Ask anyone why small businesses fail and you may get multiple answers. But one reason you’ll hear over and over is: cash flow. Many small businesses fail because the owner simply runs out of cash.
The business wasn’t inherently a bad idea. The product wasn’t terrible. The owner wasn’t incompetent. In the end, what mattered most was whether the business had enough money to weather the lean times, let alone grow.
And that brings me to the one skill that every business owner needs to deal with cash flow: the ability to sell. In fact, this skill is important for a business’s very survival.
The crucial skill of selling
The crucial skill every business owner needs is the ability to bring money in the door. In short, it really comes down to your selling skill.
You’ve probably heard the old saying, “Nothing happens until someone sells something.” It applies even more starkly to a small business because small organizations often lack the established “selling machine” that large enterprises are fortunate to have.
In small businesses, you may not have sales managers, experienced sales representatives, or a large established customer base you can count on to renew. Instead, you may have to scratch for every sale. Often the owner “carries a bag” for sales and may have only the support of an inexperienced or part-time sales team.
The ability to sell makes all the difference when it comes to achieving your dreams of growth. Even if you don’t start off with this ability, focusing on sales can be the difference between a business living and dying.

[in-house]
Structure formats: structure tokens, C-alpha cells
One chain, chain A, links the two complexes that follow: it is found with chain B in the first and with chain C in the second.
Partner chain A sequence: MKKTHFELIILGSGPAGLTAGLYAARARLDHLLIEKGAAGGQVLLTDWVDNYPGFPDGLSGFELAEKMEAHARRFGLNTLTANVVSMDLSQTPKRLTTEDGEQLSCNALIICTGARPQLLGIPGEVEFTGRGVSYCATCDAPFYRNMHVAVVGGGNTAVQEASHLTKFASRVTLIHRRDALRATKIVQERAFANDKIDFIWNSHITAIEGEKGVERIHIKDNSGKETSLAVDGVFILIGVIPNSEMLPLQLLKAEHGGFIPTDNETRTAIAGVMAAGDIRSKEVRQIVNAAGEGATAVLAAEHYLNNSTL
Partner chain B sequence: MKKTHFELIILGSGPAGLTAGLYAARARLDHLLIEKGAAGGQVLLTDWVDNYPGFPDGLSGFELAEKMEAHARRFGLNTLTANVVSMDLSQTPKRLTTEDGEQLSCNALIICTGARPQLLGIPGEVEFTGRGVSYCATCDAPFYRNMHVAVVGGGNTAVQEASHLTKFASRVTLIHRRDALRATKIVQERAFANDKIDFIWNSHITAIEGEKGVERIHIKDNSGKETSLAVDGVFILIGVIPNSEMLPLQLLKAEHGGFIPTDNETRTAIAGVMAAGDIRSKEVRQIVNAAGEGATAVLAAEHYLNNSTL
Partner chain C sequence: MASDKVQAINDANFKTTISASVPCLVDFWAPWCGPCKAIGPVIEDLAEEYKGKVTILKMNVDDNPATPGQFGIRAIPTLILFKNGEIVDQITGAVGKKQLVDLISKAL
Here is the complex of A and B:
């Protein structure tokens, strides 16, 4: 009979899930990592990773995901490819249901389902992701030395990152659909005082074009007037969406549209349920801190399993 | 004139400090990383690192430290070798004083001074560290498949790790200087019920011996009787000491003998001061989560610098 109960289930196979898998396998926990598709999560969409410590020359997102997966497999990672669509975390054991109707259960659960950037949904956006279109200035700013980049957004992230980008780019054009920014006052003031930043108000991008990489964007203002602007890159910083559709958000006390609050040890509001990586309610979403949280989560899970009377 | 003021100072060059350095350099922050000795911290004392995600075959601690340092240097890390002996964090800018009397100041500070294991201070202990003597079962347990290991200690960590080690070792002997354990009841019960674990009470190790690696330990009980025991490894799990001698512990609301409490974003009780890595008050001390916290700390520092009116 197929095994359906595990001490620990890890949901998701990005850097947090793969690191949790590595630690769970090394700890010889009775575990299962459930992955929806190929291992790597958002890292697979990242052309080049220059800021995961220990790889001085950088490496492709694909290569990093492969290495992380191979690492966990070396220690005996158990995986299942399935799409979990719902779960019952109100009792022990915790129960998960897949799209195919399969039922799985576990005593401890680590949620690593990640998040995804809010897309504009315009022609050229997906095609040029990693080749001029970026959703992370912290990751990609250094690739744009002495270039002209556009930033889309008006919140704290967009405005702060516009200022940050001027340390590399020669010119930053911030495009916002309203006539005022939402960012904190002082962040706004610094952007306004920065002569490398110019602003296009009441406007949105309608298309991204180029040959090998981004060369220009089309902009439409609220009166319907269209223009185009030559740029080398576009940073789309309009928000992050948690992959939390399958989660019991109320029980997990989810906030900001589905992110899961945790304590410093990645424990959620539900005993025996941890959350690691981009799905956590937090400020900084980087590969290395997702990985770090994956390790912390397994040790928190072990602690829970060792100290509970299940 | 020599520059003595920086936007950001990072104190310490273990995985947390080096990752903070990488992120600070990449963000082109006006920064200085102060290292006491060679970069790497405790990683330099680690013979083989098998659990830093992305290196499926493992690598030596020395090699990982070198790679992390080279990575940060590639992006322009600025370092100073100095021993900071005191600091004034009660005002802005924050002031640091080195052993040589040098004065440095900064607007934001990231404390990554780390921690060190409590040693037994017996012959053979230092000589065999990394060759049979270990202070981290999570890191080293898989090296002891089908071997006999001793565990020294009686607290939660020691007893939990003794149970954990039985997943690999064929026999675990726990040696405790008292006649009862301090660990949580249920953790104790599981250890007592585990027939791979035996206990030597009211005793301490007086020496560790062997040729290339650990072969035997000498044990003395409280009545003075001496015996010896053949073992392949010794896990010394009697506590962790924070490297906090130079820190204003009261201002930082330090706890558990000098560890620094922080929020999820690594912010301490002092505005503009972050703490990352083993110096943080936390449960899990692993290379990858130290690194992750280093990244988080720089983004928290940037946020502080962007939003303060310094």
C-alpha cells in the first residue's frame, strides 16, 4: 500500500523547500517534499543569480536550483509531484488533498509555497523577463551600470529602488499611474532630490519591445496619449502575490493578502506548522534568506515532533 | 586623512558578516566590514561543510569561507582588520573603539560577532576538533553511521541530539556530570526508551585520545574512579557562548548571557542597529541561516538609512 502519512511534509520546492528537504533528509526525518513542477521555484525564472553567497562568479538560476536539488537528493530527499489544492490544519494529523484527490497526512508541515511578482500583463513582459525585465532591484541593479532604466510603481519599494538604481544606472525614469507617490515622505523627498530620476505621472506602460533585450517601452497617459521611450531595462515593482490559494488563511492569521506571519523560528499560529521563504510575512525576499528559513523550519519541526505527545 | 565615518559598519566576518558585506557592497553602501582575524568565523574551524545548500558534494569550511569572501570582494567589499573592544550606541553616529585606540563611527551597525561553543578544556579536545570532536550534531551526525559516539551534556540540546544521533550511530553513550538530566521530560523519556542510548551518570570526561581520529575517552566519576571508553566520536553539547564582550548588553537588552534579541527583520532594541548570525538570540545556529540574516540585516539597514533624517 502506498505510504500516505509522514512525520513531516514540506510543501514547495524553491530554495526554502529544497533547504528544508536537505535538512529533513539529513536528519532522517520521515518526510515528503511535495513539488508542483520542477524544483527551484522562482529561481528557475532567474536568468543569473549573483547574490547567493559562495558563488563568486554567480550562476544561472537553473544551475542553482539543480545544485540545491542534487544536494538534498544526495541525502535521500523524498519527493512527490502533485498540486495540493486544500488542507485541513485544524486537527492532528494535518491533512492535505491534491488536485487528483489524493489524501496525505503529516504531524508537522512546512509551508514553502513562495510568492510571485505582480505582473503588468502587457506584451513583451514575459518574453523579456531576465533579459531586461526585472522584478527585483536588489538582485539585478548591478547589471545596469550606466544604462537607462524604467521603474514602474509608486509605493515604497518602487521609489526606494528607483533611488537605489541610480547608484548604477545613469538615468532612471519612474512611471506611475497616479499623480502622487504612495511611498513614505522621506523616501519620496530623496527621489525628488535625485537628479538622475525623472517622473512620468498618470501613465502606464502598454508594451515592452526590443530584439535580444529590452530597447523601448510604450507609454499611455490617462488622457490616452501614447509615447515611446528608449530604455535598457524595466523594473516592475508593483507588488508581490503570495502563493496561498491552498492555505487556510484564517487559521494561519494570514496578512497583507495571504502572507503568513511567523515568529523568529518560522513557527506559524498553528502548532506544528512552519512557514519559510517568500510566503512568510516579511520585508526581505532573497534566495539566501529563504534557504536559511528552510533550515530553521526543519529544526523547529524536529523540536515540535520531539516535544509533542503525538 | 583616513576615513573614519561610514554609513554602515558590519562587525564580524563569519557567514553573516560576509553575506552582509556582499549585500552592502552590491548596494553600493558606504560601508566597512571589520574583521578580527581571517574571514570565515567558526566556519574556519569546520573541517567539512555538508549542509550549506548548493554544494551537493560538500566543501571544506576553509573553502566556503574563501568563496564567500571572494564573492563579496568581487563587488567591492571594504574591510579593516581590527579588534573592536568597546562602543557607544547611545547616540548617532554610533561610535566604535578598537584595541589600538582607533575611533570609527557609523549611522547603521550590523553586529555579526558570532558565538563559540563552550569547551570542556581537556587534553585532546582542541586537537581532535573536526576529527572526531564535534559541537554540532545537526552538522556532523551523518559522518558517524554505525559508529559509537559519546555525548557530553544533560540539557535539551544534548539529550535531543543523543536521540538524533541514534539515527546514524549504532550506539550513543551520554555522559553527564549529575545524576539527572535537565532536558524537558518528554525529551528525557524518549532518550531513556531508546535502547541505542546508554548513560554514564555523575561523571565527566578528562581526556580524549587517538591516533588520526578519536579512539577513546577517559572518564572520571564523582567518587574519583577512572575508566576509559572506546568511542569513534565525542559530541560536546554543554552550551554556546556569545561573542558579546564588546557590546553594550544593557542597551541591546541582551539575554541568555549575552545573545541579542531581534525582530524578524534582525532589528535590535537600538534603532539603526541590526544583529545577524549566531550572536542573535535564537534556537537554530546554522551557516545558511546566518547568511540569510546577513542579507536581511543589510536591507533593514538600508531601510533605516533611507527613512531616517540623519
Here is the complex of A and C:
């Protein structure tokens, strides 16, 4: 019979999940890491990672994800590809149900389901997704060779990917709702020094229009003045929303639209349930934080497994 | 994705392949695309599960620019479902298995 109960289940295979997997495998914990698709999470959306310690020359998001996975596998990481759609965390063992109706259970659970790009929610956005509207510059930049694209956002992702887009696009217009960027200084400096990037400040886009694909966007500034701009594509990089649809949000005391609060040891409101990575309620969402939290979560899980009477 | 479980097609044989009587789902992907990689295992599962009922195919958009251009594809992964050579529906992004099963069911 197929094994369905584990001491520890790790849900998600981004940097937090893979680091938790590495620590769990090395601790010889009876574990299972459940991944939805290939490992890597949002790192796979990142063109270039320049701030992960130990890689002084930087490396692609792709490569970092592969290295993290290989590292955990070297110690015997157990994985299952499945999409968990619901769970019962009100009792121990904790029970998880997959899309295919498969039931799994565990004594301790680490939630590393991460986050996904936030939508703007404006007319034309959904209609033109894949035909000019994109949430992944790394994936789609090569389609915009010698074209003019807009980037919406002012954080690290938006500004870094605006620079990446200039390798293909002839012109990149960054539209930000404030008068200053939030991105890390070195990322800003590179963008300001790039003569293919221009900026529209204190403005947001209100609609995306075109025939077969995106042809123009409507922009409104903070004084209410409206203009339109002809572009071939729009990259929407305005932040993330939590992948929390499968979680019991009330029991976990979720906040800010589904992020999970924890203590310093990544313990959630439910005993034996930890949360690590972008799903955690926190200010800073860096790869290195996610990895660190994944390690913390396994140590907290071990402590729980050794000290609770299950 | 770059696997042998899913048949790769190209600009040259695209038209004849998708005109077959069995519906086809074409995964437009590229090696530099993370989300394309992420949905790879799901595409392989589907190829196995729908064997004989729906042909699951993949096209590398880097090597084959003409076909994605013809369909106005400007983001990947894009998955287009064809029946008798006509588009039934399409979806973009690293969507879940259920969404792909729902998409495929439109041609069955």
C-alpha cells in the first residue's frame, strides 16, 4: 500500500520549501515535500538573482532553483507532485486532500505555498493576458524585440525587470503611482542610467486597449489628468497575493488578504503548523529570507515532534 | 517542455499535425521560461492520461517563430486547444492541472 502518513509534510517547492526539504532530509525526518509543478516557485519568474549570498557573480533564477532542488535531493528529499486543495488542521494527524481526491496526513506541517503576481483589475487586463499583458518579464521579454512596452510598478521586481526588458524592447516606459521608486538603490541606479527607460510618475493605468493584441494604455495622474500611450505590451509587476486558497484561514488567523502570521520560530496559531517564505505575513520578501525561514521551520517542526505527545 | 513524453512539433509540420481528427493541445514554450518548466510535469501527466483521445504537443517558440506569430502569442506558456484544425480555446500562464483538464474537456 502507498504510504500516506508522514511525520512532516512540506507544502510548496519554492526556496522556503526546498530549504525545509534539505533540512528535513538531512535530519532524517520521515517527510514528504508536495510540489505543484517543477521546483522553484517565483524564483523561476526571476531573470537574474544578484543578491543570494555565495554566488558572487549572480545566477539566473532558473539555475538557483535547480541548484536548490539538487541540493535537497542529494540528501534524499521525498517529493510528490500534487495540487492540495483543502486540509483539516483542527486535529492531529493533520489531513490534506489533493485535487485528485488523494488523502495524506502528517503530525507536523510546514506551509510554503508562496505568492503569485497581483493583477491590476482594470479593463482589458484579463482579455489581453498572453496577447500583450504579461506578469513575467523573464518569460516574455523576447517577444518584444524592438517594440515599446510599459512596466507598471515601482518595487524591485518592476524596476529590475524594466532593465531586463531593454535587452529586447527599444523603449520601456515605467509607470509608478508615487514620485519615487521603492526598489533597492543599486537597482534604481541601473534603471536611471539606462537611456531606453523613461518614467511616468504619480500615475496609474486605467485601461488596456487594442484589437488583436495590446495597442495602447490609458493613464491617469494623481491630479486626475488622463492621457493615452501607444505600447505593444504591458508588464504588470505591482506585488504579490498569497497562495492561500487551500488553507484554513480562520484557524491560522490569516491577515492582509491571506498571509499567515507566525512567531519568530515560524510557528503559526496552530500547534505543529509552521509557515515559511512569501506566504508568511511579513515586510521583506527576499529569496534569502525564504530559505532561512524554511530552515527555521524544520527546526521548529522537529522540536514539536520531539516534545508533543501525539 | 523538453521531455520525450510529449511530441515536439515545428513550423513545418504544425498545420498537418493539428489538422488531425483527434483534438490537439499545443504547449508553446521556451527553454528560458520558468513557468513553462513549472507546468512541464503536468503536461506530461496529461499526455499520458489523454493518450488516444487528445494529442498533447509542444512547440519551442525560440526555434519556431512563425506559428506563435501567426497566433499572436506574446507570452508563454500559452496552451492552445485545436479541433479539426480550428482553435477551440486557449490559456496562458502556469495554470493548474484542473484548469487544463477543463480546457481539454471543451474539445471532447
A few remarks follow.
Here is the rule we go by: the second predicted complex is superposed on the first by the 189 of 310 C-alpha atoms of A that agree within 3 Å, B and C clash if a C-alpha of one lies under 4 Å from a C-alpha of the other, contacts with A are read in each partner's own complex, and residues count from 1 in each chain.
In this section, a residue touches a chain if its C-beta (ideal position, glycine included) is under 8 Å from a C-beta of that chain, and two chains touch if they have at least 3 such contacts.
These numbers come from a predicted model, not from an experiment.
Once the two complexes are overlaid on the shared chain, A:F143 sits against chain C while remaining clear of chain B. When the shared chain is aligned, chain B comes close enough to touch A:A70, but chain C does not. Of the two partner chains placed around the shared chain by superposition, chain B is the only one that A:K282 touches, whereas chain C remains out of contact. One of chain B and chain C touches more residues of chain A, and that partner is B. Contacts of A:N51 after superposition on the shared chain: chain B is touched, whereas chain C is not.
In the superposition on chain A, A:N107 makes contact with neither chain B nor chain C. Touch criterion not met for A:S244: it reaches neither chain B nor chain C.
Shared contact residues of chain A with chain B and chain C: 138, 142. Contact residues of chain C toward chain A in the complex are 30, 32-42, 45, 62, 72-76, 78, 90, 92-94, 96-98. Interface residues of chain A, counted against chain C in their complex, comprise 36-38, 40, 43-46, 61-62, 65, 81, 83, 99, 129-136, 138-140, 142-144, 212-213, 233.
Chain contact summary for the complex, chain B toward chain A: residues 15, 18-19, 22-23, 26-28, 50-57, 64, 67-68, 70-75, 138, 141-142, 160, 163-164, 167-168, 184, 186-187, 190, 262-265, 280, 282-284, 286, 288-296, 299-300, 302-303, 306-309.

Many of us dislike selling
Speaking as a business owner, many of us are not natural salespeople. Let’s face it: we got into business in the first place because we wanted to do what we love. For many of us, that’s not selling.
In fact, some of us may hate selling. At the very least, we see selling as a weakness in our skills.
In 2002, John Warrillow wrote a ground-breaking book called Drilling for Gold. In it, he identified behavioral factors that motivate small business owners.
A full 74 percent of small business owners, he wrote at the time, are “craftspeople.” Craftspeople, he said, are “so named because mastering their particular craft motivates them … They think of themselves in the context of their particular skill or services: as jewelers, plumbers, and photographers.”
It’s no surprise that a software company founder might choose to code rather than cold call prospects. An independent fashionista might wish to design and create handmade fashions than work with customers. A self-employed author often prefers writing over selling books.
After all, we love our craft, and that’s why we got into business in the first place.
But being able to sell is what’s going to help you realize your entrepreneurial dream. If you want your dream to be a reality, you’re going to have to be able to sell something not just create it.